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Land is a widely sought-after asset in Nigeria. And in Lagos, the country’s commercial capital and most populated state, it assumes an even greater value. Real estate is one of the state’s key sectors. Because the metropolis is expanding all the time, physical development continues to reach farther out to its fringes, bringing the outskirts into the city’s urban fold. Within Lagos, property is relatively expensive. Prospective landowners have to venture further out to find something that fits with their budget.
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But getting the land acquisition process right can be difficult. It’s not always clear what the correct steps to take are, and there are the added problems of bureaucracy and multiple interests to deal with. Add the infamous omo-onile to the mix, and you’ll see why many are wary of exploring the real estate business in Lagos. This article breaks down the process into clearly defined steps below, so that it’s easier for you to acquire property in Nigeria’s Center of Excellence.

Choose Your Desired Location

It’s up to you to decide where you’d like your property to be. Prices will vary depending on location. For instance, expect land in a little developed part of Ikorodu to be less expensive than one in the Lekki axis. Think about the purpose for which you’ll be buying the property, and be sure that the area is accessible and possesses other features you’d want in an ideal location.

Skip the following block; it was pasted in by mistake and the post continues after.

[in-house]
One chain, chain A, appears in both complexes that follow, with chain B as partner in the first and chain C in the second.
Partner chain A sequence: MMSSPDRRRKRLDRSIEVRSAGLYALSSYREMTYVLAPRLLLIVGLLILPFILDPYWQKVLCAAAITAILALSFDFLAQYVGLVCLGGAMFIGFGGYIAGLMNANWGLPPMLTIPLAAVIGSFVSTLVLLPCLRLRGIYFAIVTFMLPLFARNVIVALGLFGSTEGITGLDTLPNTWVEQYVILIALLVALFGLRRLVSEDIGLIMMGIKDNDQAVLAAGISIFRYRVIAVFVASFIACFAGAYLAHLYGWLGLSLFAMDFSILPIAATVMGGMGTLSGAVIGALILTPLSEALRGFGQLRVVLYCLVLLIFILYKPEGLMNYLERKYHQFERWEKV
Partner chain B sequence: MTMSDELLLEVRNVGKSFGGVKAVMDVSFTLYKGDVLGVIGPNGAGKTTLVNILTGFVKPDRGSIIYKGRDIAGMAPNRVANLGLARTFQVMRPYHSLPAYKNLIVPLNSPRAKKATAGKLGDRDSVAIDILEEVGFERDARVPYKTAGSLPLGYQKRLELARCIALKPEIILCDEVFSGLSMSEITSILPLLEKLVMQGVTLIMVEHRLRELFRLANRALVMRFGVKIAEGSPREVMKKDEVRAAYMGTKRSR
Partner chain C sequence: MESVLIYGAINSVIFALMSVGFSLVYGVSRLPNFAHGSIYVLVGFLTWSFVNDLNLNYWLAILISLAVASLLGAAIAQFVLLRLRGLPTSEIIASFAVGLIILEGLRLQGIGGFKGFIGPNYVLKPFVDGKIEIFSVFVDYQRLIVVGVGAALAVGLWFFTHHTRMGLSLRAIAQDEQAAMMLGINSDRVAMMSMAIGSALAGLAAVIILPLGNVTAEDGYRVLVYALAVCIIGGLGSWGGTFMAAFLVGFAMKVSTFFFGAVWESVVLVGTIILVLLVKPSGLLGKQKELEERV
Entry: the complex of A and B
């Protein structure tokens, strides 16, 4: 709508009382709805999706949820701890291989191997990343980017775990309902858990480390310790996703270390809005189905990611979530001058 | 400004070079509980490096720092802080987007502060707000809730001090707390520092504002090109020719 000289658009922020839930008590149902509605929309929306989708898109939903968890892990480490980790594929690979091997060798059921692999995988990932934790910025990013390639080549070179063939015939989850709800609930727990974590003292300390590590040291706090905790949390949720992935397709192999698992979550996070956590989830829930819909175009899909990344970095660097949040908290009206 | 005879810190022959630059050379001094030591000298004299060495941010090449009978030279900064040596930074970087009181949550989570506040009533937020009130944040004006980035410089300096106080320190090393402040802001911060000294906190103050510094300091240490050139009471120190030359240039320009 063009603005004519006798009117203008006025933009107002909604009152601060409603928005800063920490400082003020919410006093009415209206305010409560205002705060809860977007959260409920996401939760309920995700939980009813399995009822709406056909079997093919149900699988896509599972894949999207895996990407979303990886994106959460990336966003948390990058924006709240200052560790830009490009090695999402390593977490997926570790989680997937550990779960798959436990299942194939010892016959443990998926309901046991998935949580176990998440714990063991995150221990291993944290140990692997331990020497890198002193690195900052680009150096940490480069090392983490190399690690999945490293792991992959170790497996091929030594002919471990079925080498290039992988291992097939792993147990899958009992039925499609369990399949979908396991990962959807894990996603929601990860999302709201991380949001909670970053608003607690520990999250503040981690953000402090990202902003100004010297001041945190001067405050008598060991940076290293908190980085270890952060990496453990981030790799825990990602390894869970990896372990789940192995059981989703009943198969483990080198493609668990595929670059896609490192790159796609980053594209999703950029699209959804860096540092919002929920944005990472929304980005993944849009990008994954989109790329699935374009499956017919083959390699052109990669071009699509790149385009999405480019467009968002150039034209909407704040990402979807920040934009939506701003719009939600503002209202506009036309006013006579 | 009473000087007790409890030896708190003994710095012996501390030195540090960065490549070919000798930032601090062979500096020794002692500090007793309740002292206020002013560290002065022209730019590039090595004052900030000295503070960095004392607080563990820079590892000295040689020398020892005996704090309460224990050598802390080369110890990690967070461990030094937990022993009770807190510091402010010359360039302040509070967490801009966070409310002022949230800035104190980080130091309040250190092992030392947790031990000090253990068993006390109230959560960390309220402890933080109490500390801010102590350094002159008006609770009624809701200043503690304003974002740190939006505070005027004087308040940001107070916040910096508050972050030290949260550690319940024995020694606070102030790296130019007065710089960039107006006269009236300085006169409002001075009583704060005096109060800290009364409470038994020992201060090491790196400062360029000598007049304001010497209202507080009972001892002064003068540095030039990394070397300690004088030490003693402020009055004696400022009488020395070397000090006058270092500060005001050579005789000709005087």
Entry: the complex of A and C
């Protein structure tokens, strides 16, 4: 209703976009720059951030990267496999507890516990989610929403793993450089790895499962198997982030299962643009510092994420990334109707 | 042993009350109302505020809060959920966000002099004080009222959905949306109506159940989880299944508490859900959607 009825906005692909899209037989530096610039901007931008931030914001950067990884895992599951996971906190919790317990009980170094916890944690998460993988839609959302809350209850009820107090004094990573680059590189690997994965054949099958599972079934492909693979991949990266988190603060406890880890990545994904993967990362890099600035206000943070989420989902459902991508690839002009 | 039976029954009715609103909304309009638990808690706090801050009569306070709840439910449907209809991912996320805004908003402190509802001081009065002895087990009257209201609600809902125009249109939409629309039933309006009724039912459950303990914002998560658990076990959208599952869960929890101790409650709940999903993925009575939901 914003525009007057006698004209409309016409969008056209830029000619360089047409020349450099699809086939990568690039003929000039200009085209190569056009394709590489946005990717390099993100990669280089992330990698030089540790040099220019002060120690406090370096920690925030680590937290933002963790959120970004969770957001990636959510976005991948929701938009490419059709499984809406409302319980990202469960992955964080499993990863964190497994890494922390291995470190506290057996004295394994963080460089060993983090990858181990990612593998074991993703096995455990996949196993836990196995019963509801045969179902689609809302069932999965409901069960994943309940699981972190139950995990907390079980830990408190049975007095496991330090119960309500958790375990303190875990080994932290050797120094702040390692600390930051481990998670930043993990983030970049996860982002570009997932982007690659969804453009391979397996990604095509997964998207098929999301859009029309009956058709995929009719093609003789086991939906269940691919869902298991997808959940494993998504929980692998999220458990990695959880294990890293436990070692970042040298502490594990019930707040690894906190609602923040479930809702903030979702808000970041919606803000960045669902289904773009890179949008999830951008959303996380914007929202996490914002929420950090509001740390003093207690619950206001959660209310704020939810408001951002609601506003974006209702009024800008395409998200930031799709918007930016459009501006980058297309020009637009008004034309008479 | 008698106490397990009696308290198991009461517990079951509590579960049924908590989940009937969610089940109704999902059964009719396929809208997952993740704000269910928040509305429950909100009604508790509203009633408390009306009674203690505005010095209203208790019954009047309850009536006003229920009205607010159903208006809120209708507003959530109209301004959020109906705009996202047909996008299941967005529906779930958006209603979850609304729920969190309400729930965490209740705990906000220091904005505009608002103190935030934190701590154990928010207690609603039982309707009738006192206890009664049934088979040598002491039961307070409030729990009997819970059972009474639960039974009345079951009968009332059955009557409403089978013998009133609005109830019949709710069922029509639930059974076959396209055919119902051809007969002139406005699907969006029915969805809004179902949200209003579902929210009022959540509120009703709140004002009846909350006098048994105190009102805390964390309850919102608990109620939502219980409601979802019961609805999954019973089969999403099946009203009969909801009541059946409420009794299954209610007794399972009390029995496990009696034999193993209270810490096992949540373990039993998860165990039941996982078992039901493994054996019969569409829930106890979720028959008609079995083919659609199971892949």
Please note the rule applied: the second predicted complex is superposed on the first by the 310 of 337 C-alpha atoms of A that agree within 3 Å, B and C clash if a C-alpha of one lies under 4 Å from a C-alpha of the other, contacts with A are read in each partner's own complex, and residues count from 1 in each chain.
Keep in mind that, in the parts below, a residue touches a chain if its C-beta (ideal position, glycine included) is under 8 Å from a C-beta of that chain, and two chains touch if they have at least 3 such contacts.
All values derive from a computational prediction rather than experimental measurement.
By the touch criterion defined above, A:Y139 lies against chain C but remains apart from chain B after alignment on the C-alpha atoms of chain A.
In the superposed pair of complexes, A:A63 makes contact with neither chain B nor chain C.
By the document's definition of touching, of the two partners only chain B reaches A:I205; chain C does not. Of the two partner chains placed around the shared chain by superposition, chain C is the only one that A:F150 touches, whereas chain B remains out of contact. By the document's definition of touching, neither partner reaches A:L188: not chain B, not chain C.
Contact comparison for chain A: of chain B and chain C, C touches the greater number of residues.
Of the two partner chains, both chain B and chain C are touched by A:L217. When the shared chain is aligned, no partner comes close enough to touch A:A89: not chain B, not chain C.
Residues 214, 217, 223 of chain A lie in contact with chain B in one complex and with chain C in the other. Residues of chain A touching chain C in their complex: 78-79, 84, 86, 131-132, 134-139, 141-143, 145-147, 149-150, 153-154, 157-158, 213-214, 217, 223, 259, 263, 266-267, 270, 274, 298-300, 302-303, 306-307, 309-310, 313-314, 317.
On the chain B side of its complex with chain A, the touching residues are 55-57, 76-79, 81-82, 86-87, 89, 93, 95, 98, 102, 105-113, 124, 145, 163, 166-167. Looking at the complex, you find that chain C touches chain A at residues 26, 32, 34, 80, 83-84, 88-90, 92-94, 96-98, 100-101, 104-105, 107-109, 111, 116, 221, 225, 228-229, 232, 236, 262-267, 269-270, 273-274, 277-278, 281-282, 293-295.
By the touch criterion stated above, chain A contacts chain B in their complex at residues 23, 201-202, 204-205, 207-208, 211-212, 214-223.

Get a Lawyer

Don’t just hire any lawyer. Go for one who’s well versed in property law and has hands-on experience helping clients to purchase the property. Your lawyer will help you navigate the legal complexities of the acquisition process, and represent you where there are technicalities to be ironed out.

Seek Out Suitable Property

Find a real estate agent who’s familiar with the area you’d want your property to be located, and let them suggest options. You can arrange a visit to these locations with them, and choose from the options after having reviewed them. If you decide to work with a real estate company, you could avoid the difficulties associated with finding an agent. But if you’re keen on prospecting for your own property, your lawyer may have a few contacts you could use.

Authenticate the Seller

Next, get in touch with the owner of the property you’re interested in. And be sure that they’re the true owner. This part is important. Fraudsters posing as landowners are known to have swindled unsuspecting buyers, taking payments from them for property belonging to someone else.
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True land ownership may be ascertained by inquiring of the principal members of the family said to own the land, and by searching for documents relating to the land at the Lagos State Land Registry (if the land is registered). Your lawyer (who should be knowledgeable about this process) should help with carrying out the search.

Investigate the Property